Like a single grain of wheat tossed upon parched ground, we feel huge discomfit: estrangement from familiar routines, isolation in lockdown homes and solitary walks, the constriction of unaccustomed silence, and starvation for vital nutrients. Gone are the predictable sources of affirmation, save for our pets. Such pain and suffering are getting old: the funny jokes, no longer funny, topics of conversation lapsing into fickle weather patterns. Each morning’s tally of the victims seems to preclude considering our own.

Yet, Kovid-19 intensifies its killing swath like trigger-happy ghouls firing into the empty night. An epidemiologist likened this virus to an unpredictable Mexican jumping bean—no telling where its contagion will next appear.

How face this crisis that seems to have longer legs than first anticipated? How remain intact before its dismembering, despite slow-burning fears roasting our innards?

Back to the single grain of wheat for a response: it must die to its shortsighted will, it must allow the combing of the new deceased, it must scour the heart of stuff, it must acknowledge its creatureliness. With acceptance, comes fresh growth—this is God’s work.

Such life lessons continue informing my hospice experience, soon to enter its sixth month of praying, listening, and waiting. There’s still much to learn.

Jesus also spoke of the single grain of wheat in the Gospel of John. We’re in good company.

Numbers mount; hurried burials mount; communities of grievers mount; undigested information mounts, whipped about in centrifuges with no-turn-off switches.

Like Covid-19’s free-for-all with death, darkness knows no surcease: its opaqueness nails shut crannies of light, known to have helped from previous sources. Alone, stripped of the familiar, making do with what we’ve got, we sink to our knees and wait.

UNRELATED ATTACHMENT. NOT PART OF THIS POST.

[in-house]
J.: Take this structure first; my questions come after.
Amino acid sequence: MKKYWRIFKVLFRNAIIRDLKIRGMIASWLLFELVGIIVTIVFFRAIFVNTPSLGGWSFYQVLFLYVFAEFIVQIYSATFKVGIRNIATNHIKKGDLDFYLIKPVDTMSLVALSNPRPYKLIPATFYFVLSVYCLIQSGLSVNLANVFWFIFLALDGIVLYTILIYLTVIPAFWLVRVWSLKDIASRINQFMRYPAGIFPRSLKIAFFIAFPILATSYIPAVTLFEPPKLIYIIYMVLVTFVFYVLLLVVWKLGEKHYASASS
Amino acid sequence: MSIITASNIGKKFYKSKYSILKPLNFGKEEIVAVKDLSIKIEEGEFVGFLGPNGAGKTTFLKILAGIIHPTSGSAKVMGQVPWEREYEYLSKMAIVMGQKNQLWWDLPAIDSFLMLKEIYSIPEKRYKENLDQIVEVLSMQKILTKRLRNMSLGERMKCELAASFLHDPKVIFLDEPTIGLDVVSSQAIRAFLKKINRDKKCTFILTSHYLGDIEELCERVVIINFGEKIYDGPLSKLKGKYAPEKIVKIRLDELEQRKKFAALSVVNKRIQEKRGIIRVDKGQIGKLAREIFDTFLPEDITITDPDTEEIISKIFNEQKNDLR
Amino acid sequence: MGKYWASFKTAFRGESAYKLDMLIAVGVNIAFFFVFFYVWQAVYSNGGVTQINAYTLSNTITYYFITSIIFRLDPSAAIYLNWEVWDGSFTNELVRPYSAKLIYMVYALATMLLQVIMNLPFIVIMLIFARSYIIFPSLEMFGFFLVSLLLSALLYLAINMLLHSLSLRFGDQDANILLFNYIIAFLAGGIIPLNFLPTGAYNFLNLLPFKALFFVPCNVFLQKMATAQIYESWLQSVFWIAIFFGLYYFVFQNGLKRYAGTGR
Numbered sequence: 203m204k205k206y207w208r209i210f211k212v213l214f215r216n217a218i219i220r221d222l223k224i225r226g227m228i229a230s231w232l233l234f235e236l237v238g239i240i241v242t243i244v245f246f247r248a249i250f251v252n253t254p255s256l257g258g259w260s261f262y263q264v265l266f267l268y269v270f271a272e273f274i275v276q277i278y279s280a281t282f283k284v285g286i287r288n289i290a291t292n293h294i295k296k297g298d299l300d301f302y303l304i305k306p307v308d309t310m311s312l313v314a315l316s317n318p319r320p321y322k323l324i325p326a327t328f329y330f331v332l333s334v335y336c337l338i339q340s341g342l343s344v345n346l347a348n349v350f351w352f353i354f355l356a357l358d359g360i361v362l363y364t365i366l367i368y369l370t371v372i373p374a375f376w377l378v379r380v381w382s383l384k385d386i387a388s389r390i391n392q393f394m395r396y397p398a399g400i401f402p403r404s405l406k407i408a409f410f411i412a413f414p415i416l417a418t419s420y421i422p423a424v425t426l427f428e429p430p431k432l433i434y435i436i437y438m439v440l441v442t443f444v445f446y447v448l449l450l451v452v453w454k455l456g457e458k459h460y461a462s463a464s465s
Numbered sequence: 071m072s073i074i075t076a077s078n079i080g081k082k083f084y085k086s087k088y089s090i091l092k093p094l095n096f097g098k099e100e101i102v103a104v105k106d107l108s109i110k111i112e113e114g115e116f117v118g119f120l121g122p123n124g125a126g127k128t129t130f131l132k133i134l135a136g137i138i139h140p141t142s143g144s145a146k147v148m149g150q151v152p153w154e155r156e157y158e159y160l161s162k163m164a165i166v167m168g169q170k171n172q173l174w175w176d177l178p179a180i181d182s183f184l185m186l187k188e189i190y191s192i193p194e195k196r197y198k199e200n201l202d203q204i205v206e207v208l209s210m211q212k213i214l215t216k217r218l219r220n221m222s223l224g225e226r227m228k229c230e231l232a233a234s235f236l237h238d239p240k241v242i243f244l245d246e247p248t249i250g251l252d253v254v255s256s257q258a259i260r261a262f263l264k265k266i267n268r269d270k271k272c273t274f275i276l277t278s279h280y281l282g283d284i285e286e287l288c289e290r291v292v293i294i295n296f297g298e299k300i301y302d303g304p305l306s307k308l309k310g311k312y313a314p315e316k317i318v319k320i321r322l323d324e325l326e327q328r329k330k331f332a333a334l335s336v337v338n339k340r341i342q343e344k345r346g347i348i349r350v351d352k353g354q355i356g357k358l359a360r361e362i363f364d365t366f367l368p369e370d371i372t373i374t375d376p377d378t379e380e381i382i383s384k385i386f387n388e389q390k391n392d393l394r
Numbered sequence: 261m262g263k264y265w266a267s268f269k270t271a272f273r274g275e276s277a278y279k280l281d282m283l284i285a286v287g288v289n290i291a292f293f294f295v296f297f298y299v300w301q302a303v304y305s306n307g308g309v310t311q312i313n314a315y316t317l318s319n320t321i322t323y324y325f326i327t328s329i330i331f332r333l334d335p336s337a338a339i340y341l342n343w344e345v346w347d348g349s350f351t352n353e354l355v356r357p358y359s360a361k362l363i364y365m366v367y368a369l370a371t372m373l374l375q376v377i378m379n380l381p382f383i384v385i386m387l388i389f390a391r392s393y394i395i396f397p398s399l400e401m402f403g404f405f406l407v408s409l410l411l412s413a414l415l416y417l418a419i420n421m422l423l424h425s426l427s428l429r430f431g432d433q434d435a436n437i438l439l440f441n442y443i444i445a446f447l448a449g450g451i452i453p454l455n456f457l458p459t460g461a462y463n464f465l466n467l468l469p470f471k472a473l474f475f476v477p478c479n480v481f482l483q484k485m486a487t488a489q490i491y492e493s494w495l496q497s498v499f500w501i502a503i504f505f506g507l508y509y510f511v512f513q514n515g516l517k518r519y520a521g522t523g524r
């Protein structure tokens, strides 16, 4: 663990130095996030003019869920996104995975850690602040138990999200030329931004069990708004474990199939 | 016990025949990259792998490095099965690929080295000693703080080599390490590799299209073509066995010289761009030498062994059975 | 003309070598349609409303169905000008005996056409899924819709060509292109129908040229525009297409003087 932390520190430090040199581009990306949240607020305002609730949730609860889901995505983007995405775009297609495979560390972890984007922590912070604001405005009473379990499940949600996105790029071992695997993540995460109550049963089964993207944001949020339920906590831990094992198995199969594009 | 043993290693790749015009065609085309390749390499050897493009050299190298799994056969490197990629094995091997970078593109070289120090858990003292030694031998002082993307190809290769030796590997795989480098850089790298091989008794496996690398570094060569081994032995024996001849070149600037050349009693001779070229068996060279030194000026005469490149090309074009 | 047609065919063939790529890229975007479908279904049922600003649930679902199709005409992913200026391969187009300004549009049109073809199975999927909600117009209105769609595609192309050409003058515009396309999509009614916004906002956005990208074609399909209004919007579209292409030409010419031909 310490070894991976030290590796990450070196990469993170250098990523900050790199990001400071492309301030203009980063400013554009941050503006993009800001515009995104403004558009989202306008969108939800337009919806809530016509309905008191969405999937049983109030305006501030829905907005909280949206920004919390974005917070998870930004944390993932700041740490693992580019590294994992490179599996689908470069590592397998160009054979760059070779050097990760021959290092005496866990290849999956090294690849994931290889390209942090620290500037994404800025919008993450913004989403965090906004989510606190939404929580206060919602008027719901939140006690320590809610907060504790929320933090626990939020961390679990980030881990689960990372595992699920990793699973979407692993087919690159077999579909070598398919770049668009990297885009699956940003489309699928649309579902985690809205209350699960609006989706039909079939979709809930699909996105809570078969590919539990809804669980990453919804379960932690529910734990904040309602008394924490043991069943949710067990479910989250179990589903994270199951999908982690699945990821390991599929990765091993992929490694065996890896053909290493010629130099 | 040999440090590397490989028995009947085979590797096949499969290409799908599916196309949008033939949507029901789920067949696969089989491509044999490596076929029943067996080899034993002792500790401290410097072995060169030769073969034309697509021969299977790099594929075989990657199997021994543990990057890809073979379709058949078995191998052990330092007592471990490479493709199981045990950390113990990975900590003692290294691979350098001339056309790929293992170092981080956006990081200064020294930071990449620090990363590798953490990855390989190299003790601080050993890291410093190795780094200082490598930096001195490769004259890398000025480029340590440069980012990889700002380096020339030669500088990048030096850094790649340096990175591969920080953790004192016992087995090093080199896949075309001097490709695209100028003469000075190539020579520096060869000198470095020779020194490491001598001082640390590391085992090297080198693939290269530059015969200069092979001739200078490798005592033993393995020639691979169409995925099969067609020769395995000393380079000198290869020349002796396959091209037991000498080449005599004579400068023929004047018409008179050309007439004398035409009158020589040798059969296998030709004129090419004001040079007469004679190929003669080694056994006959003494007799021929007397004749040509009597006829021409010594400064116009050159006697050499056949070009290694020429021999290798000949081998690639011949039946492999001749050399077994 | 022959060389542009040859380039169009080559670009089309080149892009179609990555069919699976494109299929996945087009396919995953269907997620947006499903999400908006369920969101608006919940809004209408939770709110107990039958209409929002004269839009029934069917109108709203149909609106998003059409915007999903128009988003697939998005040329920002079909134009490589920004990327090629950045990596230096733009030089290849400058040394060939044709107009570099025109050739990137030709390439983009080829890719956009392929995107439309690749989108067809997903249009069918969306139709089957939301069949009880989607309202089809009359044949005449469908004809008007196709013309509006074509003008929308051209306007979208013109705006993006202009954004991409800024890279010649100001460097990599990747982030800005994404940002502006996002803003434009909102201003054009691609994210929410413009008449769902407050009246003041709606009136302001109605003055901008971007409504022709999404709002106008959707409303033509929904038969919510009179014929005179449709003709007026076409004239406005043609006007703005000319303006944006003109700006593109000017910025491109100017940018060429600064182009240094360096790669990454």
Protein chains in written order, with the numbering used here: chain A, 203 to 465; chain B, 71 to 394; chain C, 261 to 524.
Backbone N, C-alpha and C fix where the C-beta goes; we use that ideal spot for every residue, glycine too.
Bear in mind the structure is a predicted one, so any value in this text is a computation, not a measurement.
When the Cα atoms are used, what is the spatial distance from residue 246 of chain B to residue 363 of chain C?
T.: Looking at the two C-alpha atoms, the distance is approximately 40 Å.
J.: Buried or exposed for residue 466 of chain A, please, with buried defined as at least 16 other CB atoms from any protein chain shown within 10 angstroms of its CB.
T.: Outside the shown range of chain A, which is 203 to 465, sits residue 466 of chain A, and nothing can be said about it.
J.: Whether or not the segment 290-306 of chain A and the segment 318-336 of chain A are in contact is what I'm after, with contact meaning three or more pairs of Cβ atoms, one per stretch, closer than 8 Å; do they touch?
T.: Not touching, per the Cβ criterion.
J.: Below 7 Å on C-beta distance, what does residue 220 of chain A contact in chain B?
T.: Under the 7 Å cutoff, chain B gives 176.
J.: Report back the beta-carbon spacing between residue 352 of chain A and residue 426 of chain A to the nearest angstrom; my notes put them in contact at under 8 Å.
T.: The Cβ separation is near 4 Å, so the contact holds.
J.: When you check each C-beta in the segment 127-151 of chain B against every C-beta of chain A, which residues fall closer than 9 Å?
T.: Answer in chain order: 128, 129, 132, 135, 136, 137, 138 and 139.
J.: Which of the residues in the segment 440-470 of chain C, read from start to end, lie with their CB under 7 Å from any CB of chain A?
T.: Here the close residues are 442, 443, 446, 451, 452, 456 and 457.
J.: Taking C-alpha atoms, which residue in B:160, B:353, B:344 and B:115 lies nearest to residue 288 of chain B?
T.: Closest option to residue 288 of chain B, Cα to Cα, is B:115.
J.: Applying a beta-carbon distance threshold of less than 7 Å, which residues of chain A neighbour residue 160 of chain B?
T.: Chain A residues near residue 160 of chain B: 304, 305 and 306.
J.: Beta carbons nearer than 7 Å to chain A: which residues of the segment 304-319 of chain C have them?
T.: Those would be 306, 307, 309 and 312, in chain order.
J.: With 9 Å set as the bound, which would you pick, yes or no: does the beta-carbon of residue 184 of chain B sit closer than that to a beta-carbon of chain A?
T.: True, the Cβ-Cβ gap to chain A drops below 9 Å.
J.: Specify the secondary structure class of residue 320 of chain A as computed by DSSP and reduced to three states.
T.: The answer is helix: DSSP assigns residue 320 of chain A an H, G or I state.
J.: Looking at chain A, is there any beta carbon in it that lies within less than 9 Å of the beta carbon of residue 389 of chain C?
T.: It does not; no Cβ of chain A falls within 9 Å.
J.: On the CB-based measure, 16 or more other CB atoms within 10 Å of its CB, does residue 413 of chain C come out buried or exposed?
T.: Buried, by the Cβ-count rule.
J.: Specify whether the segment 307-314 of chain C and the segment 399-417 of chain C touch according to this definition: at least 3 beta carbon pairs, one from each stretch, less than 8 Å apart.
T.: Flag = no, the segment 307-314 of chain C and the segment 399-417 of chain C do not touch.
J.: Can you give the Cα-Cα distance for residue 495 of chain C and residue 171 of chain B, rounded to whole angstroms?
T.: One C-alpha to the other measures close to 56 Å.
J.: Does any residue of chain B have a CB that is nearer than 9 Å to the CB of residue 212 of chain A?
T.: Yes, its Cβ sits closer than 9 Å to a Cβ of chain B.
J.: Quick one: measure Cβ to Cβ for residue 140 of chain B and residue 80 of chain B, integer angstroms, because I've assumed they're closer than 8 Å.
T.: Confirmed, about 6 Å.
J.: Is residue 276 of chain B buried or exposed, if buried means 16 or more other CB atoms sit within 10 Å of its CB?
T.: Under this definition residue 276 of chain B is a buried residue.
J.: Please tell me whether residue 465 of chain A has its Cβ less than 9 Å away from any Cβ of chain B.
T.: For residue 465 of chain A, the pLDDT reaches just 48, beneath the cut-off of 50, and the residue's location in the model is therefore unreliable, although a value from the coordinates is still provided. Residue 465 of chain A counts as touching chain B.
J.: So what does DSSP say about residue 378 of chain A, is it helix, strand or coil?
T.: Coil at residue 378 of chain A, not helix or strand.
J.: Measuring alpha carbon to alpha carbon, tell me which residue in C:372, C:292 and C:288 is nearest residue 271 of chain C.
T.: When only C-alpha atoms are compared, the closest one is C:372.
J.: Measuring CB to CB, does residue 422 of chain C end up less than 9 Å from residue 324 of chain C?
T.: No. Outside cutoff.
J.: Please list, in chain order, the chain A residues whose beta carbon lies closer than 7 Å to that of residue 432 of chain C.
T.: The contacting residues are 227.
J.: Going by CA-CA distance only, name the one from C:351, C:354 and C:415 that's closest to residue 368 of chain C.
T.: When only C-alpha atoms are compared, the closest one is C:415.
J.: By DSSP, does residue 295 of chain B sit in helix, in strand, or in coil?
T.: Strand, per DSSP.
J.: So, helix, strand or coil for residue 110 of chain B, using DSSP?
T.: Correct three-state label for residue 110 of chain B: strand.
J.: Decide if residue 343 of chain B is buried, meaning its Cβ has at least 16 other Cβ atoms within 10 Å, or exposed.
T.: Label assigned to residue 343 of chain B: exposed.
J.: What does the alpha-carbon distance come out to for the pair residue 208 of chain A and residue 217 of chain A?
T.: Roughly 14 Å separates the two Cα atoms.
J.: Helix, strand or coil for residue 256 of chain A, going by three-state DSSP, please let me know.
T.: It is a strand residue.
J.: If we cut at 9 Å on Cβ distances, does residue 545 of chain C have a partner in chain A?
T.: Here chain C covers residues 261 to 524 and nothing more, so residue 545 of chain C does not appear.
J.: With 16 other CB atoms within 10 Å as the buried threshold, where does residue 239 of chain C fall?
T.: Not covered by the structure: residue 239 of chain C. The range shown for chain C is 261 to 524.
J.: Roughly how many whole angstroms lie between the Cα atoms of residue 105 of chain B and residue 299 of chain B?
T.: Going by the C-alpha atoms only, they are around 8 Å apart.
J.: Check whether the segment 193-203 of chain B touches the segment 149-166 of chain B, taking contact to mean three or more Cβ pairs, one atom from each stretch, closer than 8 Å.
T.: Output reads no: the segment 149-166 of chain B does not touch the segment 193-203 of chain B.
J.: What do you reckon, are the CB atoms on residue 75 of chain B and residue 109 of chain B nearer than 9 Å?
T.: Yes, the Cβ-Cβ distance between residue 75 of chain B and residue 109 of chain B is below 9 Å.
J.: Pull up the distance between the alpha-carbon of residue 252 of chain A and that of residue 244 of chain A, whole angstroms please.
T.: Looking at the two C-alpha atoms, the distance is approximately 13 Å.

Within this lull, however, comes a blessing, Urbi et Orbi, from a solitary figure, sickly, dressed in white. It is March 27th, night. Floodlights shadow the empty rain-swept Square of St. Peter’s, splayed out before him like an ancient amphitheater.

The photo of this blessing, live streamed by the Vatican, suggests exhaustion, depletion of vital energy, something akin to Ingmar Bergman’s surreal fantasy, The Seventh Seal set in medieval Sweden. Then and now, Catholicism’s fiery heart seems almost extinguished by God’s silence and the black plague devastating Europe.

More than ever, recourse to God through practicing the 12 Steps opens minds and hearts to ultimate truth and love, uncovered in our depths. Inherent within this discipline are Gospel principles that correct, affirm, and direct wayward spirits and help us accept our graced flawedness to enter the Kingdom of God. However, I still weep …

As Peter said to Jesus in John’s Gospel, “Lord to whom shall we go? You alone have the words of eternal life.”



“By all means, we’ve got to stay happy! Whatever we can do to keep it going …” she gushed as another chimed in with a joke about hand washing. This morning’s talk show hosts chuckled as they described neighborhoods putting up Christmas lights and chalking driveways and sidewalks with pastel hearts and flowers.

In my perception, such attitudes miss the mark. Many experts also tout keeping busy with on-line work from home, home schooling, home-improvement projects, and keeping track of the pandemic’s swath of global mayhem. In between times, social media assuages social loneliness and fills empty time. Netflix and television dull the urgency of the questions: When will we return to normal, however construed? Will things be different? Will I lose out? How will I manage?

Such busyness frays the fabric of the global community, already dangerously thin with violence and addictive behaviors.

Glaringly absent from this scenario are silence and prayer, and the fact of death, ours included—just relegated to numbers of the stricken on graft charts in states, distant from our own. Such shudders get lodged within stress.

So how quell this inner turmoil and enter the silence of prayer? How let it speak to the grievous circumstances in which we find ourselves? It’s only important to want it, deeply, and to begin. Within our depths, a dear Friend wants our hearts, however scarred.

Psalm 56:11, 13 speaks to such a relationship: …in God I put my trust, fearing nothing…for you have rescued me from Death to walk in the presence of God in the light of the living.




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